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Cold Fog?

  1. Mar 18, 2007 #1
    This week a coworker and i were killing time between smoke breaks talking about alternative energy, hydrogen fuel cells and what not.

    He started telling me about some electrical proccess that could cause an explosive expansion of water without much heat. he told me a electrical spark delivered in a sertain manner could cause water molecules to push violently apart from each other.

    The water dosent vaporise from the heat of the spark but the molecules separate at the hydrogen bond? i guess . it dint click for me but i have no training in physics other than watching Bill nye as a kid. the thing that stands out for me is the heat, i thought that if the water molecules moved away so fast there would just be heat from molecular motion.

    The other thing was he told me that the (kenitic) energy released by the shocked water was greater than what it took to spark it up. im failry sure this is a load of C. i just dont know how to show it and i cant find anything online about it. even withouththe magic energy gain id like to see water do something ive never seen before.

    Does anyone know about this stuff?:tongue2: id realy liek to squash this before hes got us all building pyramid power hats in the office.

    EDIT: thanks for reading my post i still want to know if water can pop like my friend describes i understand that there is probly no energy gain. he probly wouldnt be conviced by the conservation of energy rule because he belives that there is an unseen contributor to the equasion that stores/releases the extra energy, i suggested the easter bunny but he didnt comment on it.
     
    Last edited: Mar 19, 2007
  2. jcsd
  3. Mar 18, 2007 #2
    Look up conservation of energy. What he is talking about is a variation of the perpetual motion machine. The reality is that it always takes more energy to break the bonds in water than you get out in energy content of the H2.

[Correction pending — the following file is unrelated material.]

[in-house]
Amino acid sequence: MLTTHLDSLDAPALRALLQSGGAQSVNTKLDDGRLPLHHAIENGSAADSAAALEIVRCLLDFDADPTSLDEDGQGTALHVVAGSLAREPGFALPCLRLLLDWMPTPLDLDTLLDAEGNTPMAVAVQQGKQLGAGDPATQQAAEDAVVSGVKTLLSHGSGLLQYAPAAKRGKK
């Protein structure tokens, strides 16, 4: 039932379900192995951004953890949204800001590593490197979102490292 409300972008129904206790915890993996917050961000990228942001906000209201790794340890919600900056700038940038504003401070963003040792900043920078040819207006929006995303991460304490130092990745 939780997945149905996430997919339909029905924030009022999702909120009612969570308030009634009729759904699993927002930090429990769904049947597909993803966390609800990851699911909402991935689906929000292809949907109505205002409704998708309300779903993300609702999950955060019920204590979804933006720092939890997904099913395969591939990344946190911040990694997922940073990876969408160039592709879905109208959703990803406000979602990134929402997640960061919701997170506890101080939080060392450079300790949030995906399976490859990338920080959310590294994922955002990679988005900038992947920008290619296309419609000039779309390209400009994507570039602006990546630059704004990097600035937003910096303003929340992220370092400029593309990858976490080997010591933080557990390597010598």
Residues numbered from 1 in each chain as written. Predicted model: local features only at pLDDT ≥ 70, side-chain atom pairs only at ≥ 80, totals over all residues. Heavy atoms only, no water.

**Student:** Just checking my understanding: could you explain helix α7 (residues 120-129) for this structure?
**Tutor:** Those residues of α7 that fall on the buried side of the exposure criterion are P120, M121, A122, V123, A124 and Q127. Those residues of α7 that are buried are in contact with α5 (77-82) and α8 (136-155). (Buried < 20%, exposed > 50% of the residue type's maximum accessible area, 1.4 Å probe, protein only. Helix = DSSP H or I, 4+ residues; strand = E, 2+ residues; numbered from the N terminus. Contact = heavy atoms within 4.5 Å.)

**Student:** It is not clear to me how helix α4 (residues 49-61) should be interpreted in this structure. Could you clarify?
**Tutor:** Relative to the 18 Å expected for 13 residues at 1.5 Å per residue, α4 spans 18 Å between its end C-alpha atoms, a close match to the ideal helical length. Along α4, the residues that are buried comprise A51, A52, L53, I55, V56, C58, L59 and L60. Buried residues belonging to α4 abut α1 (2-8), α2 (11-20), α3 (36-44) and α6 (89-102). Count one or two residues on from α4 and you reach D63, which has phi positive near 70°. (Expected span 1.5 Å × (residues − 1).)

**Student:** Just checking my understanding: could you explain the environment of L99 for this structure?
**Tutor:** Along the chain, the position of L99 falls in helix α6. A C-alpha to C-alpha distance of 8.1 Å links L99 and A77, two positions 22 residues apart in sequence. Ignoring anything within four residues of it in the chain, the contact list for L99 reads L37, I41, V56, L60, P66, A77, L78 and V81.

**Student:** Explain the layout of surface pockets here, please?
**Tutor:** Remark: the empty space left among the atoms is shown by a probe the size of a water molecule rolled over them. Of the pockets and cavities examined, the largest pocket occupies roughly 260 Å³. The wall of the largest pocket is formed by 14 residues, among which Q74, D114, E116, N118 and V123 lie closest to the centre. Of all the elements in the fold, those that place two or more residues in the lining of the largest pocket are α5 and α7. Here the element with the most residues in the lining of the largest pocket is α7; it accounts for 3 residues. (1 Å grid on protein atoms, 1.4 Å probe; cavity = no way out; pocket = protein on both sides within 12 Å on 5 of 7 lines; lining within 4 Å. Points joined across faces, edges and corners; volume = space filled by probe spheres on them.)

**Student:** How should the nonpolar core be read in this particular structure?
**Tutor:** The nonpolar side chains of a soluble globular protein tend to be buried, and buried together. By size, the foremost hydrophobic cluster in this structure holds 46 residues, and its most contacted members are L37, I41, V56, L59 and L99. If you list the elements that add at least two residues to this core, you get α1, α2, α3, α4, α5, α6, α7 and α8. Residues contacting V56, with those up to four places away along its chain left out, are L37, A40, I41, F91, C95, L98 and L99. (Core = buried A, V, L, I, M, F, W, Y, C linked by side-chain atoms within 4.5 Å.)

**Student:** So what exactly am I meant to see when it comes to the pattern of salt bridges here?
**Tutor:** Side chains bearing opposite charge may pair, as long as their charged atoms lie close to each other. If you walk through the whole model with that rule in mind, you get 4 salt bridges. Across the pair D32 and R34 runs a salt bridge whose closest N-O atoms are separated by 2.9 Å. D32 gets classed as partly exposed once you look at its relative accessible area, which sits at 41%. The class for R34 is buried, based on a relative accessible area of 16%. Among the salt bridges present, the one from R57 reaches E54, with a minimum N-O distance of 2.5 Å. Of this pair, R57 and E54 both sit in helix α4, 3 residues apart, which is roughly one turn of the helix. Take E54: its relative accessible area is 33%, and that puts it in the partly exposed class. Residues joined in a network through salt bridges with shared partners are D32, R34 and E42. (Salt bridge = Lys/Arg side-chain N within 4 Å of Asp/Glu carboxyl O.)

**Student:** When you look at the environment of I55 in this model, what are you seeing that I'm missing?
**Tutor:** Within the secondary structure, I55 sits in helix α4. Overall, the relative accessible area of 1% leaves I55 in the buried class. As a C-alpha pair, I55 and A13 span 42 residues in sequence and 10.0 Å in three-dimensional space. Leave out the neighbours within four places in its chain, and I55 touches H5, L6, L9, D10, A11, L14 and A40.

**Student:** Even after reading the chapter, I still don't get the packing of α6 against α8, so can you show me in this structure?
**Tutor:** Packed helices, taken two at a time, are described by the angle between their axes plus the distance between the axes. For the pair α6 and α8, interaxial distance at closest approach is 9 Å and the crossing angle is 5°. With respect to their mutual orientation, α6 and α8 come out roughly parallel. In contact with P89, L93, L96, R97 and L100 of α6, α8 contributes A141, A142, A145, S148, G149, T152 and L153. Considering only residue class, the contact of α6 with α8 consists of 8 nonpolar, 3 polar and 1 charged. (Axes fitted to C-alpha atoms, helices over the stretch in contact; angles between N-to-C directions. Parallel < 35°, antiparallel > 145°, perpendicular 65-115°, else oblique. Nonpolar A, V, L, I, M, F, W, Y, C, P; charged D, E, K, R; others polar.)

(Now the pyramid power hats on the other hand, I have heard they really work!! -- just joking)
     
  4. Mar 20, 2007 #3
    so can water pop or what?

    Thanks for replying to my post i still would like to know if water can behave as my friend described . :approve:
     
  5. Mar 21, 2007 #4
    Well, interested_learner stated that your friend has in mind something like a perpetual motion machine. These are forbidden by the Second Law of Thermodynamics. So, no. Your friend's machine won't work.

    It sounds as if you would get more work out of the process than energy you drew from your reservoir. Of course you were right in thinking it was bull. I don't know what the numbers would be; but it sounds like this would violate the First Law too.

    In terms of the water not evaporating — what happens is that when water hits it's phase change temperature, ALL of the energy put into it goes into dissolving those bonds keeping it together. Once that is done, only then can the temperature go up.

    (keep in mind, I'm only a college freshman who just got done with Thermodynamics. Correct me, please, if I've made an error somewhere!)
     
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